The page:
As Israeli Policy Forum’s policy director Michael Koplow explains, “Netanyahu brought up al-Husseini’s well-known connection to the Nazis and vocal support of Hitler in warning about the dangers of Palestinian incitement regarding Israel’s alleged efforts to alter the status quo on the Temple Mount. His connection between these two seemingly disparate threads was that al-Husseini had instigated riots in the 1920s by accusing the Jews of wanting to destroy al-Aqsa, and he later met with Hitler in 1941 and – in Netanyahu’s telling – convinced Hitler to exterminate European Jewry rather than expel them. So the implication is that false warnings about Jews trying to take over al-Aqsa, or to even just change the Temple Mount status quo, lead to attempts to exterminate Jews, including the Holocaust.”

The truth is that Hitler had already launched genocidal plans before meeting with the Mufti, though the Mufti may well have wished for a genocide of the Jews. Hitler’s intense hatred of Jews was already articulated in his Mein Kampf, and already had manifested in throwing Jews out of virtually every profession and university, requiring Jews to wear a yellow star, and attacking and force closing of Jewish businesses, culminating in Kristallnacht in November 1938.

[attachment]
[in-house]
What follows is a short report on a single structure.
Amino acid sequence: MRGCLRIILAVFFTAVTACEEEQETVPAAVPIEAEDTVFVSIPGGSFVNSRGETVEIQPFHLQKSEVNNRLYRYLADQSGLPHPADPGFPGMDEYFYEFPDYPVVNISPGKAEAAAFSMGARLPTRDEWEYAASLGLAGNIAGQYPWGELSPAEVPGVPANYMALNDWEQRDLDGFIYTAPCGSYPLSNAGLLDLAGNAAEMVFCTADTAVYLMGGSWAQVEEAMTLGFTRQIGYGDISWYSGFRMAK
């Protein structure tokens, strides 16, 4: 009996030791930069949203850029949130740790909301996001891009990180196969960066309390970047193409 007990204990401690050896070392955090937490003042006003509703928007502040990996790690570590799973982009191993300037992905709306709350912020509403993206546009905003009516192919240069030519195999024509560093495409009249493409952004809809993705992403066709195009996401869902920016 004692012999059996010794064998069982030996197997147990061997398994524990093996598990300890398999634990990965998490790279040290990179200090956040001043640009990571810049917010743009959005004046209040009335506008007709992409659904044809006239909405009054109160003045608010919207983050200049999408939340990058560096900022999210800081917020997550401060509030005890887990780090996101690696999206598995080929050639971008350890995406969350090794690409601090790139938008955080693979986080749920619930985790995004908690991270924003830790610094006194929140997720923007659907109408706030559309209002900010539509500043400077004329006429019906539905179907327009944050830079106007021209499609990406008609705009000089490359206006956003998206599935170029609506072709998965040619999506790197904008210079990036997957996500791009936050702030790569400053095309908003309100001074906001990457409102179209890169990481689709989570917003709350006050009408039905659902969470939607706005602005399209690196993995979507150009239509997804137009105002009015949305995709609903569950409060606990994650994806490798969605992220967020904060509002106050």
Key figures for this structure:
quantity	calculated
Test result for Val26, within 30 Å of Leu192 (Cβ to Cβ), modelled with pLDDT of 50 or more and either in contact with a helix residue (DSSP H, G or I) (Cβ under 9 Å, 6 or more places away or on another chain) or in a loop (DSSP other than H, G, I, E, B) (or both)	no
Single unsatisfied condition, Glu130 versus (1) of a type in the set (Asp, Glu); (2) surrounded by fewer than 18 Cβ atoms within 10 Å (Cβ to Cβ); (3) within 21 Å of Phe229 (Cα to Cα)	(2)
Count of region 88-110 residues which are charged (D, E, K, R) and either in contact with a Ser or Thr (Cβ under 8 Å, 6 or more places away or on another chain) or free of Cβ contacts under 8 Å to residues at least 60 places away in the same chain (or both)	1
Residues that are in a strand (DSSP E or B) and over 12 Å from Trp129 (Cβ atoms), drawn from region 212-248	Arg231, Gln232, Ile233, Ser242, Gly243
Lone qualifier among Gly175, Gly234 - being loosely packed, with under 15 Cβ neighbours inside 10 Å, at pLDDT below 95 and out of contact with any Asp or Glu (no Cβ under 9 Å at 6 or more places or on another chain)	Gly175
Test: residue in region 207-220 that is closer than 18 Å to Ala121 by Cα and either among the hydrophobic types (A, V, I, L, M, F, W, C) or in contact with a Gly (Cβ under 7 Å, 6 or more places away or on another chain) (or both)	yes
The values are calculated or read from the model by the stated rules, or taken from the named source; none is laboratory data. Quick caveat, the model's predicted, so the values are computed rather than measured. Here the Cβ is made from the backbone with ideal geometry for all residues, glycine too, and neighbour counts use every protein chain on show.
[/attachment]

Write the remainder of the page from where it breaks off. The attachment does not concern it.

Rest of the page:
Yet the historical distortion here, far from being a sudden “oops,” is part of the larger picture of hatred toward Palestinians that Netanyahu has been promoting throughout his political life. He repeatedly blames the Palestinian Authority for any act of violence by any Palestinian and never informs the Israeli public of the close cooperation that the P.A. has provided the Israeli security forces for the past ten years in exposing any group of Palestinians that the Palestinian security forces have reason to believe are planning terrorist attacks. He never mentions the way Prime Minister Abbas has sought to quell ani-Israel demonstrations for fear that they might lead to violence. He consistently paints the Palestinian people as violent anti-Semites. He never points out that Israel has relied on the Palestinian security forces to repress any Palestinians who seek to challenge the Occupation, and now he tries to foster the perception in Israel that the Palestinian people are the current embodiment of the Nazis who wish to eliminate the Jewish people through yet another Holocaust. Little surprise that today (October 26, 2015), the New York Times reported that the Palestinian Authority is seeking to reduce its security cooperation with the IDF after a month in which those Palestinian forces in the West Bank have been beating anti-Israel demonstrators and rock-throwers while Israel has arrested over 500 Palestinians..